Certiorari granted in Union Pacific v. Brotherhood of Locomotive Engineers
February 23, 2009 by Ross Runkel at LawMemo
Five employees of the Union Pacific Railroad filed claims through their Union (the Brotherhood of Locomotive Engineers and Trainmen) contesting a discharge or discipline imposed by the Railroad. Rather than resolving the dispute over the propriety of the discipline, the National Railroad Adjustment Board concluded that the Union had failed to submit conclusive evidence that the parties had held a conference to attempt to resolve the dispute - a procedural prerequisite to arbitration - and thus the Board determined that it was required to dismiss the claim for lack of jurisdiction. The district court agreed. The 7th Circuit reversed.
Brotherhood of Locomotive Engineers and Trainmen General Committee of Adjustment, Central Region v. Union Pacific Railroad Company (7th Cir 04/09/2008); rehearing denied, Brotherhood of Locomotive Engineers and Trainmen General Committee of Adjustment, Central Region v. Union Pacific Railroad Company (7th Cir 08/11/2008)
Although the 7th Circuit agreed with the district court that it has always been clear that the parties must conference, and that they must submit evidence of that fact, it heretofore has not been clear when and how that evidence must be presented. The court found that the Board denied the Union due process by requiring evidence of conferencing to be presented in the on-property record, a requirement not clearly enunciated in the statutes, regulations, or the collective bargaining agreement of the parties. Consequently, the 7th Circuit reversed.
The US Supreme Court granted certiorari on February 23, 2009 to review the 7th Circuit judgment.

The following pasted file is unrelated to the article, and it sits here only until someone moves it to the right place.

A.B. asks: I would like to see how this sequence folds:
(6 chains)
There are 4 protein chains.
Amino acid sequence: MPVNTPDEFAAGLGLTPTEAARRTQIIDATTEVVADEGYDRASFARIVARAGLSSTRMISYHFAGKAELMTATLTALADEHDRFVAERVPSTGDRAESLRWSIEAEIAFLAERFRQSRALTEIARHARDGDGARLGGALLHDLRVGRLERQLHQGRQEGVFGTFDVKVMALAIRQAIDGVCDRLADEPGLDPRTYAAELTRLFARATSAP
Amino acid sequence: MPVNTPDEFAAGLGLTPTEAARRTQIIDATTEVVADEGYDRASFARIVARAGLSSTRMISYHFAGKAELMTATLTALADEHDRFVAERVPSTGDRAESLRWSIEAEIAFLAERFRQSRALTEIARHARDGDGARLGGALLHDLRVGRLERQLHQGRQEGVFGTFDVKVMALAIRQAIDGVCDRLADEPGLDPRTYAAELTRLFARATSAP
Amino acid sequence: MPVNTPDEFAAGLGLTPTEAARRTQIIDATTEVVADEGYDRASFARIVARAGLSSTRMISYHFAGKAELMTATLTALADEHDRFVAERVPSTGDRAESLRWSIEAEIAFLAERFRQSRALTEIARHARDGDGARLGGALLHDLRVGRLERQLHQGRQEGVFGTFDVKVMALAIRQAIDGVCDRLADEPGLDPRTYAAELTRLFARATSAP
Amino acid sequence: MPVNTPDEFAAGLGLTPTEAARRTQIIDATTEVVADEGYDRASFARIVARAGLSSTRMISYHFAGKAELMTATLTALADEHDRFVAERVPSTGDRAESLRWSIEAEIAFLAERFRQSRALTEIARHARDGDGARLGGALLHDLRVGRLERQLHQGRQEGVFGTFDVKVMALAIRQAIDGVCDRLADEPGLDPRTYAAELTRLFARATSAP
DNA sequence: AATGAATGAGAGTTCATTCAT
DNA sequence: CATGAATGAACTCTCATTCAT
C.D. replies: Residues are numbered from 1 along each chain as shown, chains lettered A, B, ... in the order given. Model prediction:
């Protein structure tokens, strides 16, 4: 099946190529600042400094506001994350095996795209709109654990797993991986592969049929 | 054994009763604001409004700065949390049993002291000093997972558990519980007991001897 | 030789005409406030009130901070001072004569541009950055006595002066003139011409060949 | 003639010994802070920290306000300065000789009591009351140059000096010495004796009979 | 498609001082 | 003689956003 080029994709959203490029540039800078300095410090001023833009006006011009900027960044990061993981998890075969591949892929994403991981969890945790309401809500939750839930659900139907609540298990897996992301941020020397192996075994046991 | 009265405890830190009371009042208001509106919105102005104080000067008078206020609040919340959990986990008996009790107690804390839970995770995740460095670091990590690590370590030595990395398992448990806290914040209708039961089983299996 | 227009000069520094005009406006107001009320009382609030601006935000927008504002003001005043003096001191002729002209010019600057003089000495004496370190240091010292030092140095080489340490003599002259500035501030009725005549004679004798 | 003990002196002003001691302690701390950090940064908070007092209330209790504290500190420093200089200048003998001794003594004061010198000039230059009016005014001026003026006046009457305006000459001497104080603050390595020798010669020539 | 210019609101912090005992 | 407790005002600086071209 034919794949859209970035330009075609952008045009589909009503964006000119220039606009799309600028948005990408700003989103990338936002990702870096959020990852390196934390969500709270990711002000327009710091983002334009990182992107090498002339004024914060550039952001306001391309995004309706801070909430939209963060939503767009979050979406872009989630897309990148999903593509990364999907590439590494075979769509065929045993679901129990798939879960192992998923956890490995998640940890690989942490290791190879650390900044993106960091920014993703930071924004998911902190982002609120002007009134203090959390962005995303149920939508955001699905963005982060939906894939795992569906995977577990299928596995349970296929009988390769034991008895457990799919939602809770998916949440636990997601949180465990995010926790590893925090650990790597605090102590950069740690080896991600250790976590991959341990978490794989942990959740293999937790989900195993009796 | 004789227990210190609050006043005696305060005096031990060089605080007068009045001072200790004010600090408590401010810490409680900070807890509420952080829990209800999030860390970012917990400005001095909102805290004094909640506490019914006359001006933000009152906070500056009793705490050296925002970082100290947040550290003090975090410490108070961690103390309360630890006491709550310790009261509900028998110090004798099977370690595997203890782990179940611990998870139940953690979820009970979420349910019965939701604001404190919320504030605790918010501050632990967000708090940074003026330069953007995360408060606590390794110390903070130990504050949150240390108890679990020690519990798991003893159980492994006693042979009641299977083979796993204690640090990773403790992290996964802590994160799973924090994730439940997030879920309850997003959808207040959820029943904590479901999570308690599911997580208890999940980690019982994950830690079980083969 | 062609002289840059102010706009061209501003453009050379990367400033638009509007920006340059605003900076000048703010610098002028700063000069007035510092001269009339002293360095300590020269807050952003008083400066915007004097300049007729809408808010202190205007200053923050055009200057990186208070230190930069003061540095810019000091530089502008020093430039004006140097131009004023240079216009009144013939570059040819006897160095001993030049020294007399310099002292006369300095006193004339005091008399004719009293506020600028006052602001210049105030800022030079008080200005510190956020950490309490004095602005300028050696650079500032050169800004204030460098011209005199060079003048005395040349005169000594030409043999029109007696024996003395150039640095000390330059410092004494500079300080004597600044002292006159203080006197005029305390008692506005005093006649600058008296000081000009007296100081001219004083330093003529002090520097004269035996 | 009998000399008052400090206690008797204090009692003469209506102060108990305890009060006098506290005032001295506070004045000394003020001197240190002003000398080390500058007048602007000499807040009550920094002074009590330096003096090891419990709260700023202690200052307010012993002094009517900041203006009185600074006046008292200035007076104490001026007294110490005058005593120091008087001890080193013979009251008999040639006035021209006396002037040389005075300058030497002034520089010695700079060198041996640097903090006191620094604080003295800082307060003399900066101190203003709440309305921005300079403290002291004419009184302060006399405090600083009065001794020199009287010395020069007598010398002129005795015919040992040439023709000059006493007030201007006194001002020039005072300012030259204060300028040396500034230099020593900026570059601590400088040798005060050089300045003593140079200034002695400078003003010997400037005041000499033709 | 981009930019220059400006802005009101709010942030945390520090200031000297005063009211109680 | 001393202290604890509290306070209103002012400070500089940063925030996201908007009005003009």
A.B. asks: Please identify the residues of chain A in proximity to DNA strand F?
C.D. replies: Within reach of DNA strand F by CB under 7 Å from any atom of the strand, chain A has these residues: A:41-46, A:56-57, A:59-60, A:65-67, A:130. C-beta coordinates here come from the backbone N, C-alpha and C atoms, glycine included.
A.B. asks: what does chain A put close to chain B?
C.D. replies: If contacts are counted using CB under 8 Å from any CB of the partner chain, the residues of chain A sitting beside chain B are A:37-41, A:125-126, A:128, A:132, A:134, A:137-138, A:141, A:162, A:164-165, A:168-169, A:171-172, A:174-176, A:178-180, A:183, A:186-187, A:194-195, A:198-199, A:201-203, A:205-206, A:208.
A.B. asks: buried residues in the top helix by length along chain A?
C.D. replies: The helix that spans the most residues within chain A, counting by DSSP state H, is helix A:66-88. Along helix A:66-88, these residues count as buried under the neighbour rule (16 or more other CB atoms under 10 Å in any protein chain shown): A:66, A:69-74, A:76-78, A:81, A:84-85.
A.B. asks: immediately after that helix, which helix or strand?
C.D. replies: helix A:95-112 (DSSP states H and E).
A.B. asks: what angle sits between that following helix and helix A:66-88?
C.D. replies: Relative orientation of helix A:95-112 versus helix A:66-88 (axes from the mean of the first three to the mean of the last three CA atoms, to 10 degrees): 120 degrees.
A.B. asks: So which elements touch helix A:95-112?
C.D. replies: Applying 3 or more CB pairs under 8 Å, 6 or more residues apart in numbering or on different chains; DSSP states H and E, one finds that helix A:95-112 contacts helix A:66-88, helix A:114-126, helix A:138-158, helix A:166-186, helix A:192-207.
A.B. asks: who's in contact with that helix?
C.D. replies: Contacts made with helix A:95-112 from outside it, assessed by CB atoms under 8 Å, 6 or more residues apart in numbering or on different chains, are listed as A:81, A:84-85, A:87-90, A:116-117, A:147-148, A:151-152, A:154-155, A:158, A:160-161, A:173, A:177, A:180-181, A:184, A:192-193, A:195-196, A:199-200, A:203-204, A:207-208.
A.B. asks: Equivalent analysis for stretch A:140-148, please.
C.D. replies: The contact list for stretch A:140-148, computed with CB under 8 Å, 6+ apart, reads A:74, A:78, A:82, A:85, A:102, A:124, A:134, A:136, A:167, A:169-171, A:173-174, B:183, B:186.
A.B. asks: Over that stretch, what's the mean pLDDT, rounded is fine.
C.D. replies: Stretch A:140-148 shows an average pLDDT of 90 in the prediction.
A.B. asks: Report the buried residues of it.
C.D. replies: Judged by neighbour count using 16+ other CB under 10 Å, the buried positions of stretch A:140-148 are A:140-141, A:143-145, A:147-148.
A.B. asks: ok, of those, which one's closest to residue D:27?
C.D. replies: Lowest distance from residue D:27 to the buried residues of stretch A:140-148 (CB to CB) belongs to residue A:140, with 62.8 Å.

Justice Ginsburg nixes a stay of decision allowing class action arbitration
February 19, 2009 by Ross Runkel at LawMemo
Today US Supreme Court Justice Ginsburg denied an application to stay a 2nd Circuit ruling that allows a class action arbitration.
[Application for stay]
In Stolt-Nielsen SA, et al., v. AnimalFeeds International (2nd Circuit 11/04/2008) the court was handling an appeal from a district court decision vacating an arbitration award. The district court vacated the award on the ground that the arbitrators exhibited a "manifest disregard for the law" by ordering a class action arbitration where the arbitration agreement was silent as to class actions.
The 2nd Circuit reversed and held: "Because the parties specifically agreed that the arbitration panel would decide whether the arbitration clauses permitted class arbitration, the arbitration panel did not exceed its authority in deciding that issue –- irrespective of whether it decided the issue correctly."
My view: The arbitrators were simply interpreting a silent arbitration agreement so as to allow class action arbitration. There was no disregard of any law.
One may argue that the arbitrators misinterpreted the contract, but that is not a ground for vacating the award.
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